The U.S. Environmental Protection Agency is currently reviewing data collected by the National Air Emissions Monitoring Study to develop improved tools for estimating emissions from animal feeding operations. EPA will examine data from the study, along with additional data it receives, to develop improved methods for estimating emissions from operations that raise swine, dairy cattle and poultry.

“The purpose for the NAEMS study was to provide one source of credible science-based data for EPA to consider and use to establish emission estimating methods for livestock operations,” says Allan Stokes, director, environmental programs, National Pork Board. According to EPA, it anticipates finalizing recommendations in June 2012.

The emissions estimating methods, once established by EPA, can be used to estimate the total of the emissions coming from the animal housing and manure storage facilities at livestock operations.  “Depending on what these totals are estimated to be, EPA may make a determination that it believes further regulation or control of those emissions is warranted,” said Stokes.

Monitoring data from the NAEMS study was sent by Purdue University directly to EPA last fall.  EPA has posted the data on its website. As it develops the estimating methodologies for animal feeding operations, EPA is examining data from the NAEMS data as well as data the agency receives in response to a Call for Information.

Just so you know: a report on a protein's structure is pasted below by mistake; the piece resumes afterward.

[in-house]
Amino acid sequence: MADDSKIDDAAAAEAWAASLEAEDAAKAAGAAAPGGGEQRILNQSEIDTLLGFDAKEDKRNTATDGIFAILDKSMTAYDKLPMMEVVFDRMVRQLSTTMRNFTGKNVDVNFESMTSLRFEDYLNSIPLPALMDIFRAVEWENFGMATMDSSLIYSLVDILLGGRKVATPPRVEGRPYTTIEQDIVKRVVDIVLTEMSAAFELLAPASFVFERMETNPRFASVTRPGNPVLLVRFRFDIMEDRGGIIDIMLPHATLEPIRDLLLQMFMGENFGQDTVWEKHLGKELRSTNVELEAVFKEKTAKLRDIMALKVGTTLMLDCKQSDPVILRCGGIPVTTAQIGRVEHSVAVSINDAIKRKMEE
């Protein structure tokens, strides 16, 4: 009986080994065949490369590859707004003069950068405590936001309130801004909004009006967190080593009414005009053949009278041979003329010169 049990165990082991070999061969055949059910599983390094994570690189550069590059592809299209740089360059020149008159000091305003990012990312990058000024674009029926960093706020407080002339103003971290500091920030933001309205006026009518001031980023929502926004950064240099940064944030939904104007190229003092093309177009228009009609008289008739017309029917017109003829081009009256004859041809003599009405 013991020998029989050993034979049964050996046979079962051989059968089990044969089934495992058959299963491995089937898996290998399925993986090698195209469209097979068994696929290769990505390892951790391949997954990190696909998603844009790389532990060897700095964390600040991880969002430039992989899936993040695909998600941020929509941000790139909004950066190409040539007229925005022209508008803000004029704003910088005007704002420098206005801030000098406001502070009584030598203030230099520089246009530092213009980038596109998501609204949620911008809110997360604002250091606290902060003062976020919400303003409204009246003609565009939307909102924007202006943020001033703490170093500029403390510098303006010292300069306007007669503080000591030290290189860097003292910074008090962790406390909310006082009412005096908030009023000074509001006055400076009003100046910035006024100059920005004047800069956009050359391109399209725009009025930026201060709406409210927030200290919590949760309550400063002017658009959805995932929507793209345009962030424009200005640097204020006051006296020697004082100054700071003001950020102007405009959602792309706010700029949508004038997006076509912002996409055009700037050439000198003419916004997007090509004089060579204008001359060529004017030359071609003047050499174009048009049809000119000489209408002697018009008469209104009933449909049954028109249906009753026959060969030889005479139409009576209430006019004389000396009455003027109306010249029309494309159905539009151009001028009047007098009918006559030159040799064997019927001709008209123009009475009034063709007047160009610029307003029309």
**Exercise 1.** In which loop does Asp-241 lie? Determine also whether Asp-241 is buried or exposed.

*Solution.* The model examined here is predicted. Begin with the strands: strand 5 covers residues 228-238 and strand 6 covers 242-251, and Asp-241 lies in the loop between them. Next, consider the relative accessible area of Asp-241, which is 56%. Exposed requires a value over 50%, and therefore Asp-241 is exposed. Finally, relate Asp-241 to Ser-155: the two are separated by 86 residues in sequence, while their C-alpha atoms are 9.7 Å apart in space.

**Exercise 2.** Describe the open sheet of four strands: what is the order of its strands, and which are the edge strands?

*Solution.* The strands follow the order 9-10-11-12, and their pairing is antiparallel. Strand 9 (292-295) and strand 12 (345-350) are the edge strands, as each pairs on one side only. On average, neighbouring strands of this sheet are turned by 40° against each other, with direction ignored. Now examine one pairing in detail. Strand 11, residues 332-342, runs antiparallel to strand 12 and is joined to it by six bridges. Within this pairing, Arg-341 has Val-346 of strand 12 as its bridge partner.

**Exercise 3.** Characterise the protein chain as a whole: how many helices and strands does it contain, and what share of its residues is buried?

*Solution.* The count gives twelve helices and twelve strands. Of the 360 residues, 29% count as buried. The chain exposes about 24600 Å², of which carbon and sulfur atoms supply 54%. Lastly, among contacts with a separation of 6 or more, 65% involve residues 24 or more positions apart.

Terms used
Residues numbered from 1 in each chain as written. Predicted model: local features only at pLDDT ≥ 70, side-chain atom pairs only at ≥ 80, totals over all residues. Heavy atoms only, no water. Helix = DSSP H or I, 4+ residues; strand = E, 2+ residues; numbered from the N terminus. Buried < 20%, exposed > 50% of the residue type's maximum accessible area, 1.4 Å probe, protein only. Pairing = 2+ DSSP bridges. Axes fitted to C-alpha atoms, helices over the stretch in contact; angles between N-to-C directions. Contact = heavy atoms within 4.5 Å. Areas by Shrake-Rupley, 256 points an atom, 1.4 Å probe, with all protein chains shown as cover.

“Whether EPA proposes regulations or not, the pork industry will use the NAEMS data to better understand potential air impacts from swine operations,” said Stokes. “The data will be used to provide tools producers can use to advance their ethical commitment to being good stewards of the environment and natural resources.”

The principle question to be answered is whether or not EPA will propose additional regulatory requirements for the control of emissions from certain livestock operations under the Clean Air Act. “Whether EPA proposes regulations or not, the pork industry will continue their proud tradition of being pro-active in adopting sustainable management practices and technologies,” said Stokes.